Congenital dilatation of the common bile duct (choledochal cyst) is a rare entity. The most complete reviews of this subject are those of Shallow et al1 with 175 cases in 1943, Tsardakas and Robnett2 with 232 cases in 1956, and the recent one of Alonso-Lej et al3 with 403 cases in 1959. Alonso-Lej et al3 stated that one third of the cases were reported by Japanese authors. This indicates that orientals are particularly affected.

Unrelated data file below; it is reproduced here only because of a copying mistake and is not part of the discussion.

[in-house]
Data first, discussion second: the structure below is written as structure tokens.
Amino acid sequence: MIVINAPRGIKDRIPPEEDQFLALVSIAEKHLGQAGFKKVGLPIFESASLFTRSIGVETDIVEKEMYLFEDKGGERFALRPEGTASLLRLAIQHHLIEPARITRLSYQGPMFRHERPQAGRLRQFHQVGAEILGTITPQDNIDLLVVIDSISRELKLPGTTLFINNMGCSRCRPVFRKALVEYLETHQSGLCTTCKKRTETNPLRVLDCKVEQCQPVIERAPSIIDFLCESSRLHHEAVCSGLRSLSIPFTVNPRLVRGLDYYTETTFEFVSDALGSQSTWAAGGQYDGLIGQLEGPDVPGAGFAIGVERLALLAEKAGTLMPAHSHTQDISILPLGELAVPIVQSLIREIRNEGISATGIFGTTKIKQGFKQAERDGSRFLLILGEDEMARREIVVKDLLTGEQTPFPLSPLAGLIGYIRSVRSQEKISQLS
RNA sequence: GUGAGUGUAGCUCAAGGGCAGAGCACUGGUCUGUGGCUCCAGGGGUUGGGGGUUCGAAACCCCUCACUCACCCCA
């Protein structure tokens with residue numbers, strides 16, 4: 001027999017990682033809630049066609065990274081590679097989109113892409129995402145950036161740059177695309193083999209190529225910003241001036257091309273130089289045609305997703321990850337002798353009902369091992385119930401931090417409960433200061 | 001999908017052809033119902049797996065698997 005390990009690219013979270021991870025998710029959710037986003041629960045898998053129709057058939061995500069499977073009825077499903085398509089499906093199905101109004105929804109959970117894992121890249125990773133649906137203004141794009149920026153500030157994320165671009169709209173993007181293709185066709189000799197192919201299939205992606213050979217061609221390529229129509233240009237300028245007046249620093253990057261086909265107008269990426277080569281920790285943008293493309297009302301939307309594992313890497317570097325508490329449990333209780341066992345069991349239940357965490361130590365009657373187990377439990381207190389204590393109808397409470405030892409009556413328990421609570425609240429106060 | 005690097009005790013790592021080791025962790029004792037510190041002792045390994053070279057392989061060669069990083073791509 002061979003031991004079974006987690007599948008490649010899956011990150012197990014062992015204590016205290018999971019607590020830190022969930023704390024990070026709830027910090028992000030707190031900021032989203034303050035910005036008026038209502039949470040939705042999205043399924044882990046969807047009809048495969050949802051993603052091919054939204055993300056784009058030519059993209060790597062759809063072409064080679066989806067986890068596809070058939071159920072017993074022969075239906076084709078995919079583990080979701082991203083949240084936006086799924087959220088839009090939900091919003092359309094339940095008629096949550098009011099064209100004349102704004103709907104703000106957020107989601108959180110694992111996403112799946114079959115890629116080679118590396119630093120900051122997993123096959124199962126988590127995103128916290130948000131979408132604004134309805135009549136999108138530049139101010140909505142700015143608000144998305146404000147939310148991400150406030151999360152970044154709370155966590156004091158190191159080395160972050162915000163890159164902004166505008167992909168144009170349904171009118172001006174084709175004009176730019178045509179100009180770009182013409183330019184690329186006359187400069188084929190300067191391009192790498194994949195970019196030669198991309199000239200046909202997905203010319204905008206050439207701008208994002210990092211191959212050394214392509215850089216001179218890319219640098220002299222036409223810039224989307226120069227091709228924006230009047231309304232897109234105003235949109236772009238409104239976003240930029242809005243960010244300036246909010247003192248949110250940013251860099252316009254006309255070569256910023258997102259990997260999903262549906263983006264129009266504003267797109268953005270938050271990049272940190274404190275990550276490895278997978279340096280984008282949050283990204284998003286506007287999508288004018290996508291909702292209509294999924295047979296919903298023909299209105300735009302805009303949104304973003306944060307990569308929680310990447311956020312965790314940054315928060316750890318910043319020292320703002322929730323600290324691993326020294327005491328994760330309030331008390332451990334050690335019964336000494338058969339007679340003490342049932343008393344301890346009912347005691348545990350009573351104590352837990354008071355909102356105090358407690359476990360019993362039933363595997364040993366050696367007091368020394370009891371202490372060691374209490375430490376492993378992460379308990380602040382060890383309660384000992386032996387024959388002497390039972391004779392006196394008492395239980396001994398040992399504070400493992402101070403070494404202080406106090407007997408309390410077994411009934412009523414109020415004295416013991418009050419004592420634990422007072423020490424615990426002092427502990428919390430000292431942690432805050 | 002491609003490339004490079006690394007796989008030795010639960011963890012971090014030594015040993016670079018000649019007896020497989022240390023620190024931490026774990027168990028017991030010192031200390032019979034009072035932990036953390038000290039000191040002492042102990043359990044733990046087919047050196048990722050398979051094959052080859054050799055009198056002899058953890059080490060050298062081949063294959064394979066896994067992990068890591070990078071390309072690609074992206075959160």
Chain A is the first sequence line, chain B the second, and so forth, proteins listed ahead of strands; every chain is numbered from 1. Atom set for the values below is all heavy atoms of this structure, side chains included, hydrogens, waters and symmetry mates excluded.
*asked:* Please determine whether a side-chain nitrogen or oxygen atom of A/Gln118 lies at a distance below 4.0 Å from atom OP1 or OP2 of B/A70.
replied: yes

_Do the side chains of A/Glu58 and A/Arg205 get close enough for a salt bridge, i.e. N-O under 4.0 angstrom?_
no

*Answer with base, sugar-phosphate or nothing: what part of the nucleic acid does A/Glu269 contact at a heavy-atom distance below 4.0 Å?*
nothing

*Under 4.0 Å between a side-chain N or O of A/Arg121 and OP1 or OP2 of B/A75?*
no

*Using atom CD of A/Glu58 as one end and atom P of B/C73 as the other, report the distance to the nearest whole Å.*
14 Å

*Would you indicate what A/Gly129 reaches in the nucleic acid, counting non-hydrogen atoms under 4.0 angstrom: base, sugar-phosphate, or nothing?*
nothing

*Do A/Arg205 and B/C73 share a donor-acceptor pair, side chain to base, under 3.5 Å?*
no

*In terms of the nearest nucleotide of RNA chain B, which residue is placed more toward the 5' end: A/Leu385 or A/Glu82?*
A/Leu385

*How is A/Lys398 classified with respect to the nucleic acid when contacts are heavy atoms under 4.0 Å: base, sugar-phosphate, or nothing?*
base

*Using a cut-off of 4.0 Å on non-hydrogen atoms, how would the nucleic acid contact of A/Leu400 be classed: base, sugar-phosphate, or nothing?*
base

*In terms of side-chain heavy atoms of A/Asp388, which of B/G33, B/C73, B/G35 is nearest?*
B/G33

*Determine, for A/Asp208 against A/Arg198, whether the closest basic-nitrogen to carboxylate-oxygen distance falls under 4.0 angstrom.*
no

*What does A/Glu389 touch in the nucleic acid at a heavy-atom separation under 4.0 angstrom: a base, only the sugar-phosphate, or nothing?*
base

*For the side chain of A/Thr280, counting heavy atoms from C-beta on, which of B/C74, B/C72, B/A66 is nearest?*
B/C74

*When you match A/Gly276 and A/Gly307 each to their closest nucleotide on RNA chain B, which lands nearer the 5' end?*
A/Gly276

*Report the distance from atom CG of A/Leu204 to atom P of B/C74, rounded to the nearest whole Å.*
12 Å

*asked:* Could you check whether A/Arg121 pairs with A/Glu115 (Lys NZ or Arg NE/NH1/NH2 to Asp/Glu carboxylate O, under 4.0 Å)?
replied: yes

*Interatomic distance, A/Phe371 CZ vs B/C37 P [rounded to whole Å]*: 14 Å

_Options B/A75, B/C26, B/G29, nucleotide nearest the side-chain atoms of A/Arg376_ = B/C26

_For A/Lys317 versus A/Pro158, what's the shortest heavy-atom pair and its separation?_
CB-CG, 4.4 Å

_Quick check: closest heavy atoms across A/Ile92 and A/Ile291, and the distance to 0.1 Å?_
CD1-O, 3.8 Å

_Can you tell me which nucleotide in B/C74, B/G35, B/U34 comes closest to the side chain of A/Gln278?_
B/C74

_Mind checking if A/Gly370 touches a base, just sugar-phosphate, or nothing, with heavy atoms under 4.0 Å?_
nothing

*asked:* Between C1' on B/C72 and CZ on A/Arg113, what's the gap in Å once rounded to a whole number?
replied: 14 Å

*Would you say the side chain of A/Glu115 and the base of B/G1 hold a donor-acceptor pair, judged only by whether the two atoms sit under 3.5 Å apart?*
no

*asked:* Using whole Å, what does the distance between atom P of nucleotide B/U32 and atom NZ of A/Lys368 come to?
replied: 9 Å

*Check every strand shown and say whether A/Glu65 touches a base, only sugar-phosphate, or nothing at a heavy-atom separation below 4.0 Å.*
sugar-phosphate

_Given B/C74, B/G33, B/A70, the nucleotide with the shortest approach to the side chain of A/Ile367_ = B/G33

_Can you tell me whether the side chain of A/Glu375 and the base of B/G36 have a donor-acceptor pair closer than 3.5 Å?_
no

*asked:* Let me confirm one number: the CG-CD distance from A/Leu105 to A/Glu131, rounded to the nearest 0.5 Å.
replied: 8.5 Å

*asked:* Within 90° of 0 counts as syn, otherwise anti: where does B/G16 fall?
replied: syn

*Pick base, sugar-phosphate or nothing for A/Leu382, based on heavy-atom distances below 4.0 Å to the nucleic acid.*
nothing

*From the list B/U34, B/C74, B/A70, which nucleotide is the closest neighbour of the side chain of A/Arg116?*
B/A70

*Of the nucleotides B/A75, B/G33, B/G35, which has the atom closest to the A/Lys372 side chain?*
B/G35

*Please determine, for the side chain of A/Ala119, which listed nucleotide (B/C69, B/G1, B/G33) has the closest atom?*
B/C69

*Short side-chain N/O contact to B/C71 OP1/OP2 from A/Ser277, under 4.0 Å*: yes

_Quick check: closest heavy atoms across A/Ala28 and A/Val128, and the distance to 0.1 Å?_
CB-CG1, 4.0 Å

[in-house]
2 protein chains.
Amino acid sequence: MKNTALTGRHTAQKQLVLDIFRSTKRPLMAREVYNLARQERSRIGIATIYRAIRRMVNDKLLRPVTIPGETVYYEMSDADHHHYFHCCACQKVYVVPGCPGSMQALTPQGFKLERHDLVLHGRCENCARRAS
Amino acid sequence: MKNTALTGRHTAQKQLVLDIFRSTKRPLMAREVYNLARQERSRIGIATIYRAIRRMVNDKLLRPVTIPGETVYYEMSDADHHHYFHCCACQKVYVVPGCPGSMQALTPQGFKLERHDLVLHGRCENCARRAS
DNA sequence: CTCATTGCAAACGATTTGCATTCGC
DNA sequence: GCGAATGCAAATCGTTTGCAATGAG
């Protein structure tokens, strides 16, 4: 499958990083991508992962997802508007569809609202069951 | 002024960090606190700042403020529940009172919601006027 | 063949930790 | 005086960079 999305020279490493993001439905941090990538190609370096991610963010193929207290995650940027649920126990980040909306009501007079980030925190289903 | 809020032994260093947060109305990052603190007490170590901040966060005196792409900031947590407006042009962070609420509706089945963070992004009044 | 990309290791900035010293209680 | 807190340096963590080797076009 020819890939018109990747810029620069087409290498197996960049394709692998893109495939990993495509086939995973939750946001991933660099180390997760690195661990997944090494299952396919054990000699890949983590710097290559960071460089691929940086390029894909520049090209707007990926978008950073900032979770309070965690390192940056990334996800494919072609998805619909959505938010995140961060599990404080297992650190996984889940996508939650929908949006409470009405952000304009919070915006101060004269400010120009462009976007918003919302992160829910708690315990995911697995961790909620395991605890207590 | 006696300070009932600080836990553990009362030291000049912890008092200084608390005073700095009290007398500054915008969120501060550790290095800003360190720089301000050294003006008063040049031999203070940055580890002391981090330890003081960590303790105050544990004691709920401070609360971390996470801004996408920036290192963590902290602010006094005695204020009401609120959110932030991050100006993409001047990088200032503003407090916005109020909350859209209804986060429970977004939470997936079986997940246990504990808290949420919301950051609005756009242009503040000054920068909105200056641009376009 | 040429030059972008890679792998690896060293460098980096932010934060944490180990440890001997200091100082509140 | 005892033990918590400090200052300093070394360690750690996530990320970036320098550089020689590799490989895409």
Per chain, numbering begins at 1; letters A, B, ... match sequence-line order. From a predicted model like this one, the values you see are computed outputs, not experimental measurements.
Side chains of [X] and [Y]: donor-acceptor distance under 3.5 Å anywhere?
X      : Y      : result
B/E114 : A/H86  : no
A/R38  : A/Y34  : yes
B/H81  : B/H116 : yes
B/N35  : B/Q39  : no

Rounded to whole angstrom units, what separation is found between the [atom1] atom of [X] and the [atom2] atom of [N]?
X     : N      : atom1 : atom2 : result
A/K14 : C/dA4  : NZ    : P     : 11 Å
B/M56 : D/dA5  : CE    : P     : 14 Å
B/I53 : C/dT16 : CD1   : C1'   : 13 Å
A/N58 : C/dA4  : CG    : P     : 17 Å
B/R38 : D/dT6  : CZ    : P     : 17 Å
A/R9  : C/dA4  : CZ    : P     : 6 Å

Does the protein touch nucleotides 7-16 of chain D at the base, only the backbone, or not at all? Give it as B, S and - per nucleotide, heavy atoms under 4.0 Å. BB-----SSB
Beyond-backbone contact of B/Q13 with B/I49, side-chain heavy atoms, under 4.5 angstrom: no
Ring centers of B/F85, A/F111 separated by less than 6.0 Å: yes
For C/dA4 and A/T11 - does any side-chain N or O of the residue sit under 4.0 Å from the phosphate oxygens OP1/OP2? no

It is generally agreed that this condition is congenital in origin. There are numerous theories proposed to explain the embryological condition. The theory that seems most plausible and explains the greatest number of cases is that of Yotsuyanagi.4 According to Yotsuyanagi,4 the etiology is an inequality in proliferation of the epithelial cells at the stage of development in which the primitive choledochus is still solid. If, at the same stage,